Tim Baird and Gail Kirch, photo by Victor Lamoureux
Tim Baird and Gail Kirch
photo by Victor Lamoureux

The business meeting was held in the afternoon and included 28 delegates from 19 clubs around the state. Officers and committee chairs gave updates on NYSOA's status, activities, and accomplishments. Just a few of the more than 20 reports: Carena Pooth announced that The New York State Young Birders Club celebrated its 3rd anniversary this year. The young birders have an organized database of all species found during field trips dating back to 2008! Kathy Schneider reported on the popularity of the quarterly field trips held around the state. The typical field trip format includes a presentation Saturday afternoon, followed by a social dinner, with the field trip held early the next morning. Andy Mason summarized the many activities of the Conservation Committee on behalf of birds. The committee submits comments on NYS DEC draft plans, writes letters on environmental issues, publishes a quarterly column in New York Birders, and meets several times a year with the NYS DEC. Sadly, Tim Baird announced his retirement from editing New York Birders. After 9 years as Editor, the October 2012 issue of New York Birders will be his last. Tim was thanked for all his years of service. Please contact Tim if you are interested in taking on the important role of editing the newsletter.

Official business included elections of Officers and Directors, and members of the Nominating and Auditing Committees. Officers elected to one-year terms were: Gail Kirch, President, Kathryn Schneider, Vice President, Janet Allison, Recording Secretary, and Andy Mason, Treasurer. Directors elected to one-year terms were: Seth Ausubel and Mary Beth Warburton. Directors elected to two-year terms were: Joan Collins, Mike DeSha, Kevin Griffith, Shai Mitra, and Bill Ostrander. Elected to the Nominating Committee were: Bob Adamo, Kevin Griffith, and Andy Mason (Chair). Elected to the Auditing Committee were: John Cairns (Chair), Irving Cantor, and Peter Capainolo.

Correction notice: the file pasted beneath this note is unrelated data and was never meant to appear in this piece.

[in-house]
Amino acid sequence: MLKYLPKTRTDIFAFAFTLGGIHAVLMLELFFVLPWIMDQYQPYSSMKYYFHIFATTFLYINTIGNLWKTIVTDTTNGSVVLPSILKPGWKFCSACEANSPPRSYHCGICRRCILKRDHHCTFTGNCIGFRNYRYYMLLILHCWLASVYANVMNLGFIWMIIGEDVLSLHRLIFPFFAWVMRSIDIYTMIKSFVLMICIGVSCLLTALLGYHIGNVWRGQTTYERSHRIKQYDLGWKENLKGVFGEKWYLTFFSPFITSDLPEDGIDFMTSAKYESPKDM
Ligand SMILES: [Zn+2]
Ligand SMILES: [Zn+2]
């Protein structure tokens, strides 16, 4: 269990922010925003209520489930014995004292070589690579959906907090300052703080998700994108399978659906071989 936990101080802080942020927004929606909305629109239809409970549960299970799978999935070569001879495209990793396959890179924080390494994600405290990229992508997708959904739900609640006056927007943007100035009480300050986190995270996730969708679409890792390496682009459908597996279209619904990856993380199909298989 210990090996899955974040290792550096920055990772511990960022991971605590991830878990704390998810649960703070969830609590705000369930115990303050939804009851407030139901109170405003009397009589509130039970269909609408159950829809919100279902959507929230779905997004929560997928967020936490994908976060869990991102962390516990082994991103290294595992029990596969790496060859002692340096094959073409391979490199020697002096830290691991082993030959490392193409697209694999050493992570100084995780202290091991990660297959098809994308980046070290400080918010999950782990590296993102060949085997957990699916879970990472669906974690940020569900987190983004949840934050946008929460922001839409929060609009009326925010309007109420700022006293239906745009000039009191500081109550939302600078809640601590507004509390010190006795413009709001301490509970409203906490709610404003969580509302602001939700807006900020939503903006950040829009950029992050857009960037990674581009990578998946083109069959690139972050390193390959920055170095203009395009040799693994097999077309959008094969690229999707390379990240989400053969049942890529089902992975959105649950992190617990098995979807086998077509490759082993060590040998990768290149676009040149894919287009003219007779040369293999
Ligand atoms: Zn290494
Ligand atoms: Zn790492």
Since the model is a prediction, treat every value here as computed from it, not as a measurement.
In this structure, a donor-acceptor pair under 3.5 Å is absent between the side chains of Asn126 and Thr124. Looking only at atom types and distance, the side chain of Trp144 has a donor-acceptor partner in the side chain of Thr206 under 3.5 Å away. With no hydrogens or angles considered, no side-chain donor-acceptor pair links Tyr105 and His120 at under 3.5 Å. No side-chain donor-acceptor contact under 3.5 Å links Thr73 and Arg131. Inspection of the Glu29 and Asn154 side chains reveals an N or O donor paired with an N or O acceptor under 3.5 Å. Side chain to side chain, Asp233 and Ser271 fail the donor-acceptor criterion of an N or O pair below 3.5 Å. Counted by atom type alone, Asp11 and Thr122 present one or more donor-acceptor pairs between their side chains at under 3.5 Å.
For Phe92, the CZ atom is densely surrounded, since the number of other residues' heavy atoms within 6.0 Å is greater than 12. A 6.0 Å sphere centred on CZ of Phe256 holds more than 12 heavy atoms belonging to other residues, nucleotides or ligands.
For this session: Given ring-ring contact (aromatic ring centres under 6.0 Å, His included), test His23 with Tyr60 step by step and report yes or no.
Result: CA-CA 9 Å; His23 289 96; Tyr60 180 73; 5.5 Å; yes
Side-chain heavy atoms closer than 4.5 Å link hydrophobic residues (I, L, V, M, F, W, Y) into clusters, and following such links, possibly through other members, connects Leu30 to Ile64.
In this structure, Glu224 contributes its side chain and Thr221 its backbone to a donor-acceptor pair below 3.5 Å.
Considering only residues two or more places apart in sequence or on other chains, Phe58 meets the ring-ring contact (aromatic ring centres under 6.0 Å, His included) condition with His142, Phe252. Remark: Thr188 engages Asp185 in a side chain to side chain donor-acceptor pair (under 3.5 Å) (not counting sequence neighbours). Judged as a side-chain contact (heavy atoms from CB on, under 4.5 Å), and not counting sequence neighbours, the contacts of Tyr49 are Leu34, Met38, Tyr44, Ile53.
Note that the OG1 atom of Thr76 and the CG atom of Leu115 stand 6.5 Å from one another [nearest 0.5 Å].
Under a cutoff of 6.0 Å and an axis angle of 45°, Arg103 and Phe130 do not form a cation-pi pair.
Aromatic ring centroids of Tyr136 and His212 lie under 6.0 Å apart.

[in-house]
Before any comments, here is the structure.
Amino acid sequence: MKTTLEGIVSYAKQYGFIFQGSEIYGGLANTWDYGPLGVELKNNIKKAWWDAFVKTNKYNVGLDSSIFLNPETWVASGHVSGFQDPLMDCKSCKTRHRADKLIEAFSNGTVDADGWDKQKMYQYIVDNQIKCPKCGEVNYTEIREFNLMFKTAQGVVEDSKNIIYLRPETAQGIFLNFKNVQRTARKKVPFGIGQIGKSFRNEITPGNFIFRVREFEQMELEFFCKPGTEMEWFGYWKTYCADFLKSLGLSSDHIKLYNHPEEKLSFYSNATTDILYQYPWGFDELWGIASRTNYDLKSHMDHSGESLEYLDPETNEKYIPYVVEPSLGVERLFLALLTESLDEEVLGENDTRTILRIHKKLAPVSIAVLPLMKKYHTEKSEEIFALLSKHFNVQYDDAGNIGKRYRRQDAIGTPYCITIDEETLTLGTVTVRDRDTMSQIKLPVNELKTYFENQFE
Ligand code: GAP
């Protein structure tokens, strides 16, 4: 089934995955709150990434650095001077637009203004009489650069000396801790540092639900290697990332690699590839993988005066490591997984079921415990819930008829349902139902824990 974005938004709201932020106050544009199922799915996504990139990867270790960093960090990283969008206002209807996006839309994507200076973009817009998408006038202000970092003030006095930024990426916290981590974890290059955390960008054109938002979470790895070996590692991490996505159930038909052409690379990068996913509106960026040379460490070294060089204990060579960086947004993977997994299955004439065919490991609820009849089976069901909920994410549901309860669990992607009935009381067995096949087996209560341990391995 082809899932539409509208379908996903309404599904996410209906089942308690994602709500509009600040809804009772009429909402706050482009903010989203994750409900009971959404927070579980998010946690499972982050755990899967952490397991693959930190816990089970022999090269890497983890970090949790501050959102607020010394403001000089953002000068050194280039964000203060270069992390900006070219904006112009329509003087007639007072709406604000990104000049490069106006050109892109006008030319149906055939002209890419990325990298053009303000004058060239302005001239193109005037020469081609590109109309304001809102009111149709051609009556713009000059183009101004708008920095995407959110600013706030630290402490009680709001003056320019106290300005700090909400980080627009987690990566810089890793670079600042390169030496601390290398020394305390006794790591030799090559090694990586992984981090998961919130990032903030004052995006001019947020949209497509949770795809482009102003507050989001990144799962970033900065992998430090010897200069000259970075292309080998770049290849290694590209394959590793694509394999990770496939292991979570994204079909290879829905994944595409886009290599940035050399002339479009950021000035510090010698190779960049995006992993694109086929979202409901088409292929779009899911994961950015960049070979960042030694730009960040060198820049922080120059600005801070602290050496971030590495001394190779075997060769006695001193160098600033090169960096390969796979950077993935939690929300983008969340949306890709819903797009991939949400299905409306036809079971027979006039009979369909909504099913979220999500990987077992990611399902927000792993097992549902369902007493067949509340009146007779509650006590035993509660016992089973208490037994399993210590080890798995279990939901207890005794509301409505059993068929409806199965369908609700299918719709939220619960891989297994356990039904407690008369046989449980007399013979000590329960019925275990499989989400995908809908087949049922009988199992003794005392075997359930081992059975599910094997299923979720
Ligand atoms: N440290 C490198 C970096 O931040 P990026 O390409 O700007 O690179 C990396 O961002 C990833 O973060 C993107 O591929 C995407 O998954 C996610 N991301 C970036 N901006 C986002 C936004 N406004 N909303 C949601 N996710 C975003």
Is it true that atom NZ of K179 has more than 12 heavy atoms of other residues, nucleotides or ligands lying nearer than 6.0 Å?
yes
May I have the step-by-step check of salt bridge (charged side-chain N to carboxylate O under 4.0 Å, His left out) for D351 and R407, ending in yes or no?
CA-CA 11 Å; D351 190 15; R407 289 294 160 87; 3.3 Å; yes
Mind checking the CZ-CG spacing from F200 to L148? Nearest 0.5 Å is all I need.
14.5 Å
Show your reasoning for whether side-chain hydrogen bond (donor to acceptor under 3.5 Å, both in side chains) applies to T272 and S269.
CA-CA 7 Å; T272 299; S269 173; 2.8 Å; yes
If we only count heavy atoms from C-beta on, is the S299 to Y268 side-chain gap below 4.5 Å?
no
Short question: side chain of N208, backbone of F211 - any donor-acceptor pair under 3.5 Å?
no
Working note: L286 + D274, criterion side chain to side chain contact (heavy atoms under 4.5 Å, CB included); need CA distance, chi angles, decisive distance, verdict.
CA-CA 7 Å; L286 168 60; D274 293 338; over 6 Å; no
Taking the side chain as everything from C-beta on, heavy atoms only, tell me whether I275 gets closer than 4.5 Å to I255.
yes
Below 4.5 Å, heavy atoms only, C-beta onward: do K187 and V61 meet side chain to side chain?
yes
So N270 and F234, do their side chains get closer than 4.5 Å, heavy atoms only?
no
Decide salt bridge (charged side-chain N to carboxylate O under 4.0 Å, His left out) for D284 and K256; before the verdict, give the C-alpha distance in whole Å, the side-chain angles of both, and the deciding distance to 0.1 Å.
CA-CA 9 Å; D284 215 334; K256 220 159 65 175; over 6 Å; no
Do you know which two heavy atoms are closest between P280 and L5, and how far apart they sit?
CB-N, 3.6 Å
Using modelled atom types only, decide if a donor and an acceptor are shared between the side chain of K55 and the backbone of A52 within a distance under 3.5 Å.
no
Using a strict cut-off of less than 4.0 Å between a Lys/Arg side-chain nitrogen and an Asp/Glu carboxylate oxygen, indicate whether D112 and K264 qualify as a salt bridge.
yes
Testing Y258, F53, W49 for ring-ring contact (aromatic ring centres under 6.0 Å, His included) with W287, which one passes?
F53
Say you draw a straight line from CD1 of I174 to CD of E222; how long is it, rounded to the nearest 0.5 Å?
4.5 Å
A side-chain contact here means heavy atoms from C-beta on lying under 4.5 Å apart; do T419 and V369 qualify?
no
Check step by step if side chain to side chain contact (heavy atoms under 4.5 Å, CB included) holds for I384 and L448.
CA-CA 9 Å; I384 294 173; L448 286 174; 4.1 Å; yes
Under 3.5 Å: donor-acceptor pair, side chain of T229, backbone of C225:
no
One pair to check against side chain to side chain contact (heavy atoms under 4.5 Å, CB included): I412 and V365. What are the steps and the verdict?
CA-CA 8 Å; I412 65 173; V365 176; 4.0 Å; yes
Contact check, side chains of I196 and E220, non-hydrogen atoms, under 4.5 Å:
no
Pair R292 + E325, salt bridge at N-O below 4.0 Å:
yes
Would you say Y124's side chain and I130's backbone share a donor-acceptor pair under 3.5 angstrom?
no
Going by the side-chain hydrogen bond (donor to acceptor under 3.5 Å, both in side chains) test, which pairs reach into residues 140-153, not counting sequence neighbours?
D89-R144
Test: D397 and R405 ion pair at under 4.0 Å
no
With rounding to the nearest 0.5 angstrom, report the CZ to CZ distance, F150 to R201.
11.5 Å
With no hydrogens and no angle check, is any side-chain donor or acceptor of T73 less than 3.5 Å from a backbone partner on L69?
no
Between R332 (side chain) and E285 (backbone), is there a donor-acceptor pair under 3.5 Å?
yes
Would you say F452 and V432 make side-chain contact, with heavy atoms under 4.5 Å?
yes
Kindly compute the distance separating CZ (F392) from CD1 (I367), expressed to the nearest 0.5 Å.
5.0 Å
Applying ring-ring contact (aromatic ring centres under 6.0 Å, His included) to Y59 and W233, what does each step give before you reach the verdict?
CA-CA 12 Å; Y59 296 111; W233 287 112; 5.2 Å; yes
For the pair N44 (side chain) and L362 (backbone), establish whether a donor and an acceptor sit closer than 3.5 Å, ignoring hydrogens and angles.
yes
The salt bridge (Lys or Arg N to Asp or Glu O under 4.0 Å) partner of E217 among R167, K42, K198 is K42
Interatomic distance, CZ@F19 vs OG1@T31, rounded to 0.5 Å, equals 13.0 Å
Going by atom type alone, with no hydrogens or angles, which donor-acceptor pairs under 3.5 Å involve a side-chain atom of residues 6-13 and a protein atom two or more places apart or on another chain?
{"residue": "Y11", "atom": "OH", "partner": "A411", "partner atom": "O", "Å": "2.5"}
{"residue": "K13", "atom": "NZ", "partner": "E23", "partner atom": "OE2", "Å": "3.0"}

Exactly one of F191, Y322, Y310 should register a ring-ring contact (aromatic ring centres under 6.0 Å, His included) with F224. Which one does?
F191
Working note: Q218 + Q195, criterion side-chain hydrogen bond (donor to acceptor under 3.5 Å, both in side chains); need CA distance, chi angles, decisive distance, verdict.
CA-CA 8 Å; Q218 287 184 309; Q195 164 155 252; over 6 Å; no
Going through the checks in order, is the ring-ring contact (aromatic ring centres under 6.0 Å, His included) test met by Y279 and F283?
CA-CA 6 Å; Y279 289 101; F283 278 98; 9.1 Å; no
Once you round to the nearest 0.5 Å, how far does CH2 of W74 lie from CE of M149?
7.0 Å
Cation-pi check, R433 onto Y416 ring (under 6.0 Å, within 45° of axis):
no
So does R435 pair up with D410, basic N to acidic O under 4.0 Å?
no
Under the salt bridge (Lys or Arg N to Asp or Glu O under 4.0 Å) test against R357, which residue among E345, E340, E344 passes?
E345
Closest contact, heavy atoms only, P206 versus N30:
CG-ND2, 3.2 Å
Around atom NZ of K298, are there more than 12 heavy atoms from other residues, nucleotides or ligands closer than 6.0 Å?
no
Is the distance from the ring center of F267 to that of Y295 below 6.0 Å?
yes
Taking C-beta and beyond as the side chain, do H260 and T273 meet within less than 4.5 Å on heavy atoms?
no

Carena Pooth, photo by Victor Lamoureux
Carena Pooth
photo by Victor Lamoureux

The following awards were given out: The John J. Elliott Award in recognition of an outstanding article appearing in The Kingbird went to Mark Manske for "American Kestrel Nest Box Management Program in Northern New York State." The Gordon M. Meade Distinguished Service Award went to Carena Pooth for her service as President, Vice President, and Director, along with her leadership of the New York State Young Birders Club, many years of web site work, and creation and maintenance of the searchable online archive of The Kingbird.

The Annual Meeting is always a great opportunity to socialize with birders from around the state. A host club is needed for the 2013 Annual Meeting. It would be wonderful to have a full weekend of events (field trips, workshops, papers session, keynote speaker, delegates' meeting, etc.) in a host club's territory next year. If you think your club would be interested in hosting the Annual Meeting, please contact Gail Kirch.

 

                  Published in New York Birders, October 2012

                          Posted online 2/9/13